The analysis nevertheless points to several factors that can influence the political utility nuclear weapons offer their possessors. For instance, during a period of unipolarity, the options for nonnuclear-armed states to turn to other great powers to restrain a nuclear opponent should decrease. This would reduce one cost of nuclear use and therefore increase the likelihood that the benefits of use outweigh the costs, enhancing the utility of nuclear weapons for regional actors. States are unlikely to be able to control polarity, though. A more manipulable policy lever is a state’s conventional military. A state may gain greater political utility from its nuclear arsenal if it reduces its conventional capabilities. In those cases, the lack of conventional alternatives expands the military missions that only the nuclear arsenal can accomplish. This enhances the benefits of nuclear weapons and makes it more likely that the benefits will exceed the cost. Despite this potential benefit, it is not likely to be an attractive policy option. Some of the reasons will be familiar to students of American nuclear strategic history. One of the critiques of the Eisenhower administration’s massive retaliation policy and (p.150) underinvestment in conventional arms (from the critics’ perspective) was that it left the president with only the option of nuclear use or retreat in a crisis. The flexible-response alternative faced its own shortcomings, of course, and was only partially implemented by the United States.34 The basic drawback of tying one’s own hands remains, however. It does nothing to reduce the costs of nuclear use. Rather, it increases the benefits by removing any alternatives, making it more likely that benefits will outweigh costs. Any additional leverage comes at the expense of being forced to endure the costs of nuclear use or capitulation if a nonnuclear adversary miscalculates and elects to fight. Particularly for countries such as the United States, flexibility is probably more valuable against nonnuclear opponents than any additional leverage from the nuclear arsenal.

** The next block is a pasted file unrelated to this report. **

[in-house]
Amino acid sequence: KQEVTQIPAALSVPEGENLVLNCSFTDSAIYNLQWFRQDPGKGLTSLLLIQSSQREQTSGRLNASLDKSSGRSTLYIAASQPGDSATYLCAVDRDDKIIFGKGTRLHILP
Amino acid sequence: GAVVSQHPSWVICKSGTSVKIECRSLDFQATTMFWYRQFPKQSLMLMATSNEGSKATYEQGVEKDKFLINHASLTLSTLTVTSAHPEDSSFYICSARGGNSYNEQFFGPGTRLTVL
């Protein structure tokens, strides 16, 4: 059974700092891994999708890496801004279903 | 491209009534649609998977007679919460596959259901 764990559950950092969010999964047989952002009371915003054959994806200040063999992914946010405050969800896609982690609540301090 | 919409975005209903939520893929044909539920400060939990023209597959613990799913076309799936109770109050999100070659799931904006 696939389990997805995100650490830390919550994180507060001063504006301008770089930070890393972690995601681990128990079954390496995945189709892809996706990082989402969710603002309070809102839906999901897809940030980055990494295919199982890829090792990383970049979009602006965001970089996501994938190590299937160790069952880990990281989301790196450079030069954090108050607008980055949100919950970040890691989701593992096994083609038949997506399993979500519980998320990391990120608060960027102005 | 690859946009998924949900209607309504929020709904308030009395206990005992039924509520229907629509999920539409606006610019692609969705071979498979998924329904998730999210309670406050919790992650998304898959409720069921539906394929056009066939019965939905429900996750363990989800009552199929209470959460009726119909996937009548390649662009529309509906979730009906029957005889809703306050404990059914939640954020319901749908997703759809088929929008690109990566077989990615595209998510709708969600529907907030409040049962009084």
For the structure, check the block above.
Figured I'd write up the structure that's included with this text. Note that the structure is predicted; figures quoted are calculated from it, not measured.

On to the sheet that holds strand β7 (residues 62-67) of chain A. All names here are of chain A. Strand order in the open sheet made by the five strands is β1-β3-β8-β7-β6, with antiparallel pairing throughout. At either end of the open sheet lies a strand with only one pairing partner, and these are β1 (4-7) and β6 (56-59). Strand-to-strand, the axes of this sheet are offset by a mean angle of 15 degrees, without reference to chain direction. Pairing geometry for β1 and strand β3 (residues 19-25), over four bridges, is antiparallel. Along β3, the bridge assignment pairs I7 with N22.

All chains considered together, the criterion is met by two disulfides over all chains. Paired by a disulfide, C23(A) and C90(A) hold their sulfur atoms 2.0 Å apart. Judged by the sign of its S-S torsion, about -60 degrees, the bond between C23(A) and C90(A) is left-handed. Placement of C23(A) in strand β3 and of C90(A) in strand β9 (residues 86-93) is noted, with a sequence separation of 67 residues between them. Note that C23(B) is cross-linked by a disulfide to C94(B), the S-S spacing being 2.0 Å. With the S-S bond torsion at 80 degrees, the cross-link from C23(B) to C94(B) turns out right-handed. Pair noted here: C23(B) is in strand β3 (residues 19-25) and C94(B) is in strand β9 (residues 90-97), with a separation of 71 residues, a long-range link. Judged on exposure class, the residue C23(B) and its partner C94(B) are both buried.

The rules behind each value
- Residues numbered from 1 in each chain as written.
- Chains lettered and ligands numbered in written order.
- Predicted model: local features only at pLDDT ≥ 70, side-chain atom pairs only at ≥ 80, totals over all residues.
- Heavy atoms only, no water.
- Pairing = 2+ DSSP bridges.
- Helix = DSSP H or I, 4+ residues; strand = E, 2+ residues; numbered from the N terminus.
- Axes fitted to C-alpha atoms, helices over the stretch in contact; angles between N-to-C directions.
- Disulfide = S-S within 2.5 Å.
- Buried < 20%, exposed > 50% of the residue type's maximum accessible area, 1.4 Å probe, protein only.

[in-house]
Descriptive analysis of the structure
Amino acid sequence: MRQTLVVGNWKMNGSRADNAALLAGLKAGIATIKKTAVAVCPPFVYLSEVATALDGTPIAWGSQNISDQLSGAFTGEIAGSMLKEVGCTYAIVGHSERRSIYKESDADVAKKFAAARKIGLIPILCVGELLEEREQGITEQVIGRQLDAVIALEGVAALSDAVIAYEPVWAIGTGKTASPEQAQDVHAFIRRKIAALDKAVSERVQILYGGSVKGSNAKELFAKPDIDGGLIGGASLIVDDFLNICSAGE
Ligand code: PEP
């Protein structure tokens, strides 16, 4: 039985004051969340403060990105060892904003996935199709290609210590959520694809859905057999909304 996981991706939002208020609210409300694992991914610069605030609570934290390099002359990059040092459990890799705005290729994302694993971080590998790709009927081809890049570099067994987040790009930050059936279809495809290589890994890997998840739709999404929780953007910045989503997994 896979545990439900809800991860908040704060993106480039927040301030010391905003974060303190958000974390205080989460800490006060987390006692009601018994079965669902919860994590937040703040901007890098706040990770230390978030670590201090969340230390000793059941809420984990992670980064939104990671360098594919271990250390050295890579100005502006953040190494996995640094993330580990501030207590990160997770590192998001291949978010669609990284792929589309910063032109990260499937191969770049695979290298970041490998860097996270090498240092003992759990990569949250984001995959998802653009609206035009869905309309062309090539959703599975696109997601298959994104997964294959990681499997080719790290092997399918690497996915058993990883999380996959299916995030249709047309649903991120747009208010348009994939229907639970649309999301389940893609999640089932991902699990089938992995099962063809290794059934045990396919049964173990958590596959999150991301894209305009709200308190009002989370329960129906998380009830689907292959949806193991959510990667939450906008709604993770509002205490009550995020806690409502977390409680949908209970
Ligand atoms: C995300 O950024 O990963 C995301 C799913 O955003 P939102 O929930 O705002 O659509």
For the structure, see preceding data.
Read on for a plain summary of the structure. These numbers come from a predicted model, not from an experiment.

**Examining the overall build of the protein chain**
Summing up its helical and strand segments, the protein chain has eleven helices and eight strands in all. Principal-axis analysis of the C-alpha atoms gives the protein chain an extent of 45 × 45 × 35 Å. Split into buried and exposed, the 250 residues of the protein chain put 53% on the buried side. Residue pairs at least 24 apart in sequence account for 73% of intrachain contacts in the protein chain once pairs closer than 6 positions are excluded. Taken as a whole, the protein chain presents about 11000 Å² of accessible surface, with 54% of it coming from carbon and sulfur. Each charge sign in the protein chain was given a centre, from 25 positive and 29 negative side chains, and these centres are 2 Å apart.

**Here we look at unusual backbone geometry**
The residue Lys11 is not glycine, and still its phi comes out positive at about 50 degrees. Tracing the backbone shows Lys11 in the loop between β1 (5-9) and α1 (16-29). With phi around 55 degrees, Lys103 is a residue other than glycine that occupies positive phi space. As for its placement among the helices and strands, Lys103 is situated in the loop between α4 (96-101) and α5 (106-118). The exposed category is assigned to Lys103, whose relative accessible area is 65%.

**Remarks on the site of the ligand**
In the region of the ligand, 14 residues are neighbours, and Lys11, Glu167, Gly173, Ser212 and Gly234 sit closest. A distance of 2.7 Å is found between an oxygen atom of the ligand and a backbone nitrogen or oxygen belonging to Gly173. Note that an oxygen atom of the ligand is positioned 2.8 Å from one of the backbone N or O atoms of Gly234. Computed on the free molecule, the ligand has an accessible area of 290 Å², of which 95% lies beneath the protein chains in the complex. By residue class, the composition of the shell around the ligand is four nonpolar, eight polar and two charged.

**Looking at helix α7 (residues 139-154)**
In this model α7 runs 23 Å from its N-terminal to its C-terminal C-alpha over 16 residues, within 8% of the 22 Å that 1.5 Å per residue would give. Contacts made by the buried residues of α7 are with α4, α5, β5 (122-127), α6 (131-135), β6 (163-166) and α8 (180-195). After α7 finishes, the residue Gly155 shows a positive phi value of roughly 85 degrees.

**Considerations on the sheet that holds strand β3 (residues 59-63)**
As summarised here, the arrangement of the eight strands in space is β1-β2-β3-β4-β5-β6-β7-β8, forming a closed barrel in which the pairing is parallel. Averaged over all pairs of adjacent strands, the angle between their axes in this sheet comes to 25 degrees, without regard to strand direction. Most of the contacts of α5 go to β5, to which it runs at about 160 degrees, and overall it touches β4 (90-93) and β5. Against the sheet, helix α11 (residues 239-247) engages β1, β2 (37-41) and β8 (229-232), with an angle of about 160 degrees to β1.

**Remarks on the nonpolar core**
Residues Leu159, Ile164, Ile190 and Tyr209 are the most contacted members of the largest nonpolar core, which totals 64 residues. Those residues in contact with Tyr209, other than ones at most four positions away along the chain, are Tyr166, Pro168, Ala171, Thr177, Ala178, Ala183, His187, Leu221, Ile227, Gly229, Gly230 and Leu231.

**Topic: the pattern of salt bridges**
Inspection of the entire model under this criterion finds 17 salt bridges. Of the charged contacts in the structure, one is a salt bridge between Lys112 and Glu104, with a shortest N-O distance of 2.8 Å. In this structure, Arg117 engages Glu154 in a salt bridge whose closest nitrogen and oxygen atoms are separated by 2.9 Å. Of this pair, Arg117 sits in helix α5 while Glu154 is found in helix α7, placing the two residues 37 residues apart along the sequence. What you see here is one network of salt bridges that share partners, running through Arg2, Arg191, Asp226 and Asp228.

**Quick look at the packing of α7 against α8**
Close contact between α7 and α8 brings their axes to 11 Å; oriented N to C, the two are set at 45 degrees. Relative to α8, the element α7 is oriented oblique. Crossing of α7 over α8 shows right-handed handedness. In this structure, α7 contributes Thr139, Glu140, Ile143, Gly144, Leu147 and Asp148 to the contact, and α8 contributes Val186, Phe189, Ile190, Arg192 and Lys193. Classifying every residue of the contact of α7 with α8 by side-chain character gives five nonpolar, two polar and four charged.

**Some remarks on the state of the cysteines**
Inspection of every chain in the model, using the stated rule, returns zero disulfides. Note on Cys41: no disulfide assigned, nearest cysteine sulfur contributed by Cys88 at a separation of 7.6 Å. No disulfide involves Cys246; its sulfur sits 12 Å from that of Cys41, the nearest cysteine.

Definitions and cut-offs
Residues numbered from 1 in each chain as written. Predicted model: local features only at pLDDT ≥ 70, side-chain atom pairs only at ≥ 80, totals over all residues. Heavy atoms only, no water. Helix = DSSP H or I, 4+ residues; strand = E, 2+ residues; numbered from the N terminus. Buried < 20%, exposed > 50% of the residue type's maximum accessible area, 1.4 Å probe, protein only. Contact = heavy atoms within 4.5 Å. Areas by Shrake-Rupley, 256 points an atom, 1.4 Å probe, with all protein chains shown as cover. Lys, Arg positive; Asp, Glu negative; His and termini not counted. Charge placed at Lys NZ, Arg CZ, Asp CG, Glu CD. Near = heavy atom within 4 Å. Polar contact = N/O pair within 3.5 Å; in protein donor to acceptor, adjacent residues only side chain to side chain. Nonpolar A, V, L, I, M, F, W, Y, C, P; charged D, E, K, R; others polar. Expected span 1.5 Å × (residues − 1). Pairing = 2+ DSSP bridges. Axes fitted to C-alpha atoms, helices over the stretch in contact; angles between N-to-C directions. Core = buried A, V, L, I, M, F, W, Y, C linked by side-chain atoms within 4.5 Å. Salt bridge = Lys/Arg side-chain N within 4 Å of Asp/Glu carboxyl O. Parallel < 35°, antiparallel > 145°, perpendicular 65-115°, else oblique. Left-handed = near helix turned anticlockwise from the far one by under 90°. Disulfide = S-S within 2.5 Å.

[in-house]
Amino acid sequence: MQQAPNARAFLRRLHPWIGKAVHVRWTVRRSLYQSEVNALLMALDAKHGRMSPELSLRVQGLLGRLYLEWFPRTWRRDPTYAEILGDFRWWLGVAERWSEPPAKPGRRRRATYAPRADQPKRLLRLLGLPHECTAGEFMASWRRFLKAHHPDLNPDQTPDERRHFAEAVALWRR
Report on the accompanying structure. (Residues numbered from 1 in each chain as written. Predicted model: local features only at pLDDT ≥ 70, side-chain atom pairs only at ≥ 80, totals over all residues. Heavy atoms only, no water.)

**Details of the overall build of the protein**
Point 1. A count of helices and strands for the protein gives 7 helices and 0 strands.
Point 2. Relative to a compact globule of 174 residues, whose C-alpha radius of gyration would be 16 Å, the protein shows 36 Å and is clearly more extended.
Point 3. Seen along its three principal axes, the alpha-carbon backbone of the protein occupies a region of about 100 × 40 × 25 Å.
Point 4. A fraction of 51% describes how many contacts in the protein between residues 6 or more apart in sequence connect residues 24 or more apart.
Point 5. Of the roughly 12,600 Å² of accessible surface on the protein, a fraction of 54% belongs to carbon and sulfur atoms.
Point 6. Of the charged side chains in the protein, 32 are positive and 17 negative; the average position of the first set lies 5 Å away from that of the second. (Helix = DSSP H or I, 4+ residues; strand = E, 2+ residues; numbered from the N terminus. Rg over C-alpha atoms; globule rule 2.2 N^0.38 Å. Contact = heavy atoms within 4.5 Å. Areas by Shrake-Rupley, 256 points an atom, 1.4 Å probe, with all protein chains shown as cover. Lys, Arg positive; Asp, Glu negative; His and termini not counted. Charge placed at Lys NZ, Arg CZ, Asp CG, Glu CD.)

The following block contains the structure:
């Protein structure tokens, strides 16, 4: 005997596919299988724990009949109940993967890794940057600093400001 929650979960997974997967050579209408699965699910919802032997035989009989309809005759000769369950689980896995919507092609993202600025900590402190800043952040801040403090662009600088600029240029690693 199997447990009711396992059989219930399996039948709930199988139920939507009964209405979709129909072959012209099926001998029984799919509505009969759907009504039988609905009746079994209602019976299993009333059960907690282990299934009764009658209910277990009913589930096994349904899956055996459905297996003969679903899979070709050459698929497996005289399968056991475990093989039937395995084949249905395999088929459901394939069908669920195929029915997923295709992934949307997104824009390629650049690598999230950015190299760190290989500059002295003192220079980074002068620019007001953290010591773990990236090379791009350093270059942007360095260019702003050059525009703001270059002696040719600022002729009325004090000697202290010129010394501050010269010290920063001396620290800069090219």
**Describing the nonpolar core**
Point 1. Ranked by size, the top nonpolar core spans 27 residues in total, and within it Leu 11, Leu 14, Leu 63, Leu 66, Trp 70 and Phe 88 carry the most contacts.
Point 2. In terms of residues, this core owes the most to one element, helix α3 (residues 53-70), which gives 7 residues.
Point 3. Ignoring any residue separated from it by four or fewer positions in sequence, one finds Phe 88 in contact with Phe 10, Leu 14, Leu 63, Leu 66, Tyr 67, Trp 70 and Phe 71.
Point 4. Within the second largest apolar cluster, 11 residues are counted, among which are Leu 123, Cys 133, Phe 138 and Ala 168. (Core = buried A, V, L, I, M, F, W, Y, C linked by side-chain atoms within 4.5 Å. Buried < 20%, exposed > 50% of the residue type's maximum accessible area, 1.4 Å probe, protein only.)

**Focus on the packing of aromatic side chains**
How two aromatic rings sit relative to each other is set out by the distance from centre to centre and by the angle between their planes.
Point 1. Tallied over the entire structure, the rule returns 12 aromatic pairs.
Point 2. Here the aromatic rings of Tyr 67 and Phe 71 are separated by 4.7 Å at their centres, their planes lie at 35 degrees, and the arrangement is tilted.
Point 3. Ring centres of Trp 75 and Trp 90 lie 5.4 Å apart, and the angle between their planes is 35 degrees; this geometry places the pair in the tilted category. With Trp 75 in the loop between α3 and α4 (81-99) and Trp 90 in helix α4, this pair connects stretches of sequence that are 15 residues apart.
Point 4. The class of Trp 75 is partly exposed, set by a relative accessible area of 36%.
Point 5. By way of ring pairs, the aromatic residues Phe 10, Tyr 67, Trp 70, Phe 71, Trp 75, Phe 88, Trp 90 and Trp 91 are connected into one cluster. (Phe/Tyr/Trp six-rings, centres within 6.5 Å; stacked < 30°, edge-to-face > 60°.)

There are a number of limitations and challenges to the analysis. These limit the strength and scope of the conclusions in a number of ways. To begin with, I bracketed factors such as polarity, regime type, civil-military relations, and leader personality that may systematically influence conflict in nuclear monopoly. Nor did I consider how nuclear latency—the possession of enrichment and reprocessing facilities that can be used to acquire, sometimes very quickly, a nuclear weapon—might influence conflict in nuclear monopoly.35 Next, the case studies traced the origins of each dispute, but the basic framework introduced in chapter 1 and tested throughout the book did not evaluate how disputes over diverse issues may lead to variation in NNWS behavior. I also focused exclusively on nuclear monopoly in an effort to isolate its effects. As a result, it is unclear how the insights in this book travel to cases of extreme nuclear asymmetry when both sides possess nuclear weapons, such as the dispute between the United States and North Korea today. On the one hand, it is possible that North Korea may discount the US nuclear arsenal owing to the overwhelming American conventional advantage. On the other hand, the fact that North Korea has even a small number of nuclear weapons and is developing more-capable delivery platforms may mean that the benefits of US nuclear strikes to offset that threat are very high, making nuclear use more likely and inducing additional North Korean caution. Future research can usefully incorporate these additional factors and examine different strategic dynamics to better understand the role of nuclear weapons in international conflict.